About Our Surgery Department
The surgery department at MVS is composed of a board-certified small animal surgeon, certified veterinary technicians, and veterinary assistants. A board-certified small animal surgeon is a licensed veterinarian who obtained intensive, additional surgical training with dogs and cats and passed a comprehensive certification exam specific to surgeries on dogs and cats.
Our board-certified small animal surgeon specializes in the following types of cases:
- Traumatic injury and emergencies such as: fractures, large skin wounds and lacerations, correction of gastric dilatation-volvulus (GDV) and exploratory (abdominal / thoracic) surgery.
- Orthopedic surgeries such as: Femoral head osteotomies (FHOs), cruciate ligament surgeries (TPLOs), angular limb deformity correction and arthroscopy for joint exploration.
- Soft tissue surgeries such as: tumor removal, vascular shunt ligation, surgical management of non-healing wounds and correction of congenital defects.
- Neuro-surgeries such as: herniated discs and spinal injuries/fractures.
While your family veterinarian can diagnose and treat many health problems, certain diseases and conditions require the care of a veterinarian with specialized, intensive surgical training in order to provide the very best outcome for your pet. Our veterinary surgeon will work closely with your family veterinarian as well as with other board-certified specialists in internal medicine, veterinary oncology, veterinary neurology and veterinary radiology depending on your pet’s condition.
The Benefits of Utilizing a Small Animal Veterinary Surgeon
Just as your own primary care physician (for your human healthcare needs) may feel the need to refer you to the care of a specialist from time to time, your family veterinarian may feel your pet needs the additional expertise of a board-certified small animal surgeon for certain surgeries. In fact, many general practice veterinarians refer all but routine surgeries to specialists for their expertise managing your pet’s orthopedic, neurology, reconstructive, and tumor removal surgical needs.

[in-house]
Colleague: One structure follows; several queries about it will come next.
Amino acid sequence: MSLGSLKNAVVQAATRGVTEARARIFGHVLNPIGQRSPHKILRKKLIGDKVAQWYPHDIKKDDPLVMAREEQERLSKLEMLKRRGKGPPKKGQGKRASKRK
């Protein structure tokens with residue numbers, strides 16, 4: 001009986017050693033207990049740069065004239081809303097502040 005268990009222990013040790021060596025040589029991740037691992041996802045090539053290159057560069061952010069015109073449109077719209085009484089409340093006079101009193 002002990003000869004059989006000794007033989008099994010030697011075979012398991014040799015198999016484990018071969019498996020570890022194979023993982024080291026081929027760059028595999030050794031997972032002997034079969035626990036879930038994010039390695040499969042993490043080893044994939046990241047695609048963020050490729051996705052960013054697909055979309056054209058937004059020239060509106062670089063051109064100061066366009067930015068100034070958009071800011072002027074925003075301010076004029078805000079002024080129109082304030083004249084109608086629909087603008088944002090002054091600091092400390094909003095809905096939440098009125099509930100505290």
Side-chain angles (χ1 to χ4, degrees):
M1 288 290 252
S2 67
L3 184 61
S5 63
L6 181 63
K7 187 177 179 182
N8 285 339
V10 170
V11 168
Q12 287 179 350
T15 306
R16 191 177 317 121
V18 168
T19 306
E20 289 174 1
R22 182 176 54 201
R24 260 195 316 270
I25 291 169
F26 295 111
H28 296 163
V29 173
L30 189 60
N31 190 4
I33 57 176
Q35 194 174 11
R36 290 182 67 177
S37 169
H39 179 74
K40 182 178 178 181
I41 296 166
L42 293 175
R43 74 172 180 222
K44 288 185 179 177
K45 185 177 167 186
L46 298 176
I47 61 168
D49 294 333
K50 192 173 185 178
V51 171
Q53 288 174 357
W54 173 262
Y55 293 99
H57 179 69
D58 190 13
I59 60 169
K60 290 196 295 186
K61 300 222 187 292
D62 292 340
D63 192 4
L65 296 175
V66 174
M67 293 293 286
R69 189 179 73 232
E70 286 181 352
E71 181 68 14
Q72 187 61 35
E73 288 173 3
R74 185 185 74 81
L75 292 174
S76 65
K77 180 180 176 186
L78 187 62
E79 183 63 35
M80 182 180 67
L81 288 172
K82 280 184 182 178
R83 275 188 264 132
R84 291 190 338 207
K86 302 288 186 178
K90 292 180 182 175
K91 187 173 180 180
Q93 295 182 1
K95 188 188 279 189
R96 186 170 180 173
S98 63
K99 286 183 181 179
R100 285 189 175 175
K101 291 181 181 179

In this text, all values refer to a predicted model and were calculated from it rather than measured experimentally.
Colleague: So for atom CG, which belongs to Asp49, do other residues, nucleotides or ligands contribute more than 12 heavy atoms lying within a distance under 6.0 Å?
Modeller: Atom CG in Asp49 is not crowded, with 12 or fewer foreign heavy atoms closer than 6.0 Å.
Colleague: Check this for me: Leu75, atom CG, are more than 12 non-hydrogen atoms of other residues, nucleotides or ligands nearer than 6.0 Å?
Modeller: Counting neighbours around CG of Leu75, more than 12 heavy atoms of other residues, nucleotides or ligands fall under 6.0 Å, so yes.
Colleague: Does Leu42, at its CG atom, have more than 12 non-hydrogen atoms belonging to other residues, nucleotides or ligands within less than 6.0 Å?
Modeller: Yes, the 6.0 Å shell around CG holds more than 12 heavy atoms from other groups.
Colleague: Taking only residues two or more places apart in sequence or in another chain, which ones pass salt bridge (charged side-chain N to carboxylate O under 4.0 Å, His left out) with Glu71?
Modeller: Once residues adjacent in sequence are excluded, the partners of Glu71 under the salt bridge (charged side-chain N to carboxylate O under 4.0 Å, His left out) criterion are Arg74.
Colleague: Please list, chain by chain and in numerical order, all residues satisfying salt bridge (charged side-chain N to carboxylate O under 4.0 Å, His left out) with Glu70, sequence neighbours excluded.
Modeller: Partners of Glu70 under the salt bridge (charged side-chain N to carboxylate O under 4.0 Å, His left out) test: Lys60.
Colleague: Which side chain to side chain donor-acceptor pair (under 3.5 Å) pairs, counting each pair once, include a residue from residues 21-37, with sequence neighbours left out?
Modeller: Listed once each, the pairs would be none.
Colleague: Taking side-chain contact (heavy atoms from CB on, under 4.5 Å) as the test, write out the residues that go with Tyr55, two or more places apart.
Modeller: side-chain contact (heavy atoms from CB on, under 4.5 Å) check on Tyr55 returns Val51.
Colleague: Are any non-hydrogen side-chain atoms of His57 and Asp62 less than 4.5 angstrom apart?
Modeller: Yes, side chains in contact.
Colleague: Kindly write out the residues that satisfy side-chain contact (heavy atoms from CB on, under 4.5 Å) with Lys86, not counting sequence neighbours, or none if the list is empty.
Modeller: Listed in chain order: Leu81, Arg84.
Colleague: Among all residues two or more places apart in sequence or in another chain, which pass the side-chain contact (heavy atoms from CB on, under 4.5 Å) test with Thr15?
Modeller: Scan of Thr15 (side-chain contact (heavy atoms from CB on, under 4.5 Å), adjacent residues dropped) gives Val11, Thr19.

Most board-certified small animal surgeons affiliate with 24-hour referral hospitals where they may have access to specialized diagnostic or surgical equipment, the latest and safest anesthesia monitoring equipment, physical therapy or rehabilitation capabilities and other emergency/critical care services that a general practitioner may not have access to. All of these specialized services may be necessary for the optimal care and recovery of your pet.
You can be assured that a veterinarian who knows when to refer you and your pet to a small animal surgeon is one who is caring and committed to ensuring your pet receives the highest standard of care for its needs.
What can I expect when when I take my pet home after surgery?
The surgery team at Madison Veterinary Specialists will go over all everything to expect when taking your post operative pet back home. We understand how scary it can be and want to ensure you are 100% comfortable before walking out out doors. Please see below for more specific instructions on bandage care and TPLO rehabilitation.
What additional training does a small animal surgeon have?